TO KOSCIUSKO. Good Kosciusko! thy great name alone

Is a full harvest whence to reap high feeling;

It comes upon us like the glorious pealing
Of the wide spheres--an everiasting
And now it teils me, that in worlds unknown,

The names of heroes, burst from clouds concealing,

Are changed to harmonies, for ever stealing Through cloudless blue, and round each silver throne. It teils me too, that on a happy day,

When some good spirit walks upon the earth,
Tiiy name with Alfred's, and the great of yore,

Gently commingling, gives tremendous birth
To a loud hymn, that sounds far, far away
To where the great God lives for evermore.


Happy is England! I could be content

To see no other verdure than its own;

To feel no other breezes than are blown Through its tall woods with high romances blent; Yet do I sometimes feel a languishment

For skies Italian, and an inward groan

To sit upon an Alp as on a throne,
And half forget what world or worldling meant.
Happy is England, sweet her artless daughters;

Enough their siinple loveliness for me,
Enough their whitest arms in silence clinging :

Yet do I often warmly burn to see Beauties of deeper glance, and hear their singing,

And float with them about the summer waters.


Four Seasons fill the measure of the year;

There are four seasons in the mind of man :
He has his lusty Spring, when fancy clear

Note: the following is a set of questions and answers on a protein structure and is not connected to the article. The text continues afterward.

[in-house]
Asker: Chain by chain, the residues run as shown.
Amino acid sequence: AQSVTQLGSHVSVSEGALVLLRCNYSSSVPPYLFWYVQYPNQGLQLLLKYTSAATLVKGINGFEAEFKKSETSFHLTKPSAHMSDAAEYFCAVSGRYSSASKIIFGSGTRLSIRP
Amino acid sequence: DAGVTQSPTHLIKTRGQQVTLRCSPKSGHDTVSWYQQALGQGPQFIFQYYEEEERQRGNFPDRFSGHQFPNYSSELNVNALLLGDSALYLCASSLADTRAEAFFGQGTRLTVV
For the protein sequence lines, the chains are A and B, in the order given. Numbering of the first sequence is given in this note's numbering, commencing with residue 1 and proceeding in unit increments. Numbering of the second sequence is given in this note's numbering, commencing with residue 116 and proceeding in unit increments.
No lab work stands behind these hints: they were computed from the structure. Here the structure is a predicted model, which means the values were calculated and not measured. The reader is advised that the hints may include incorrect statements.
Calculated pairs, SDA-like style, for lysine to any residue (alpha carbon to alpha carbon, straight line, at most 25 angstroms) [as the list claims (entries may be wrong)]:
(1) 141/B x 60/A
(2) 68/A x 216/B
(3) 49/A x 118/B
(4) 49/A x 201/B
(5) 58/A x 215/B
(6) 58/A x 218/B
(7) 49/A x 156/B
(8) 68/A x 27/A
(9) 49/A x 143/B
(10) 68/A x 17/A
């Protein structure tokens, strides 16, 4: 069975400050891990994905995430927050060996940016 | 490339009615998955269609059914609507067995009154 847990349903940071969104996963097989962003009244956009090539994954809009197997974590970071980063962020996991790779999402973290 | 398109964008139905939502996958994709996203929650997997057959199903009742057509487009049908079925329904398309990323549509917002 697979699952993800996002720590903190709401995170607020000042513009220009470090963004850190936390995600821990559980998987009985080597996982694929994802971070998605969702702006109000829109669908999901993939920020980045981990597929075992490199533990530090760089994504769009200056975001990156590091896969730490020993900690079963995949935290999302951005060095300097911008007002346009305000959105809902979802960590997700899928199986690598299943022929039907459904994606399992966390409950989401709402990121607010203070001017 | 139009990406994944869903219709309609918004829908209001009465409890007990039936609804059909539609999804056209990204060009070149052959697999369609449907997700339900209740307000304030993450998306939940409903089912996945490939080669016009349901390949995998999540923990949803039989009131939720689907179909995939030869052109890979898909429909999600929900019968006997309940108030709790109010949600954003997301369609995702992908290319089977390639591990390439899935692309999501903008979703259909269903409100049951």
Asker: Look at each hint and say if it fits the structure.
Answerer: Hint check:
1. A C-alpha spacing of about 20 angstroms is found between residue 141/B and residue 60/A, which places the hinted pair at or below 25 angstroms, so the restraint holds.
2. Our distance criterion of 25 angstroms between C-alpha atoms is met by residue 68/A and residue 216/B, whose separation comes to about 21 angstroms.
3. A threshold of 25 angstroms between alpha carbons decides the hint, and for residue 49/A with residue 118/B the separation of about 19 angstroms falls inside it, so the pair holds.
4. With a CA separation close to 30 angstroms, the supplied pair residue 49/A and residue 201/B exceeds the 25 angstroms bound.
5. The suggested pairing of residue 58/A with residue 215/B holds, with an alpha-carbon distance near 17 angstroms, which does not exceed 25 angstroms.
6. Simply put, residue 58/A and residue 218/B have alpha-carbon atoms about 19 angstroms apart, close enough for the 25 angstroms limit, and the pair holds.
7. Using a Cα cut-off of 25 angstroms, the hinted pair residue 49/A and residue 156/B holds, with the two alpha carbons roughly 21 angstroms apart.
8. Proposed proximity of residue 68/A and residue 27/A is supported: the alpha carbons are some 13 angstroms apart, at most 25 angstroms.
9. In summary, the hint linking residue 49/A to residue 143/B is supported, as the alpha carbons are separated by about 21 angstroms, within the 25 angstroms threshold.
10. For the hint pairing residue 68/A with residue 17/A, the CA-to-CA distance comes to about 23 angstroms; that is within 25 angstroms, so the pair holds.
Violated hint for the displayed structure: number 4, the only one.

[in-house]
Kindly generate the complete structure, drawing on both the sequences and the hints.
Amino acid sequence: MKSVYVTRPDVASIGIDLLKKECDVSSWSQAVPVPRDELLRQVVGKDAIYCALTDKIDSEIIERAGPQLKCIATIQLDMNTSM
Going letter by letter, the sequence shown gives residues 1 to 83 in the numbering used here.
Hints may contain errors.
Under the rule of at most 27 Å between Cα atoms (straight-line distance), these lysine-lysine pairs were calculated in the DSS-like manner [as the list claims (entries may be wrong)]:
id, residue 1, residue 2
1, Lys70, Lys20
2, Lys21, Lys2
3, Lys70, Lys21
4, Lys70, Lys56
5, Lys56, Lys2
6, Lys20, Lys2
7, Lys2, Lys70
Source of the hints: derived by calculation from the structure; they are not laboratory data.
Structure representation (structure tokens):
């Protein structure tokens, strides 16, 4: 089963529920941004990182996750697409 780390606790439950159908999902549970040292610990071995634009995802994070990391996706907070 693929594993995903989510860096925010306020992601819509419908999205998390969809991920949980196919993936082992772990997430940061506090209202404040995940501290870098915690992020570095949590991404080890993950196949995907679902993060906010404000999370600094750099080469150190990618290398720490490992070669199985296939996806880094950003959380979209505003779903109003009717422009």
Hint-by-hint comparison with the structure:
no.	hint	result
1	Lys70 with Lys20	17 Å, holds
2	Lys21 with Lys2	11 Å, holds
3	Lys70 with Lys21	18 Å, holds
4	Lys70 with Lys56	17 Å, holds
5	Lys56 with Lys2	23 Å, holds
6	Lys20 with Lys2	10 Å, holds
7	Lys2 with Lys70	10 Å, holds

Takes in all beauty with an easy span : He has his Summer, when luxuriously

Spring's honey'd cud of youthful thought he loves To ruminate, and by such dreaming high

Is nearest unto heaven : quiet coves
His soul has in its Autumn, when his wings

He furleth close ; contented so to look
On mists in idleness—to let fair things

Pass by unheeded as a threshold brook. He has his Winter too of pale misfeature, Or else he would forego his mortal nature.

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Come hither, all sweet maidens soberly,

Down-looking aye, and with a chasten'd liglit,

Hid in the fringes of vour eyelids white, And meekly let your fair hands joined be, As if so gentle that ye could not see,

Untouch'd, a victim of your beauty bright,

Sinking away to his young spirit's night, Sinking bewilder'd 'mid the dreary sea : 'Tis young Leander toiling to his death;

Nigh swooning, he doth purse his weary lips
For Hero's clieek, and smiles against her smile.

O horrid dream ! see how his body dips
Dead-heavy ; arms and shoulders gleam awhile :
He's gone ; up bubbles all his amorous breath!


TC AllSA ROCK. HEARKEN, thou craggy ocean pyramid !

Give answer from thy voice, the sea-fowl's screams !

When were thy shoulders mantled in huge streams ! When, from the sun, was thy broad forehead hid ? How long is 't since the inighty power bid

Thee heave to airy sleep from fathom dreams ?

Sleep in the lap of thunder or sun-beams, Or when grey clouds are thy cold cover-lid ? Thou answer'st not, for thou art dead asleep !

Thy life is but two dead eternitiesThe last in air, the former in the deep;

First with the whales, last with the eagle-skiesDrown'd wast thou till an earthquake made thee steep,

Another cannot wake thy giant size.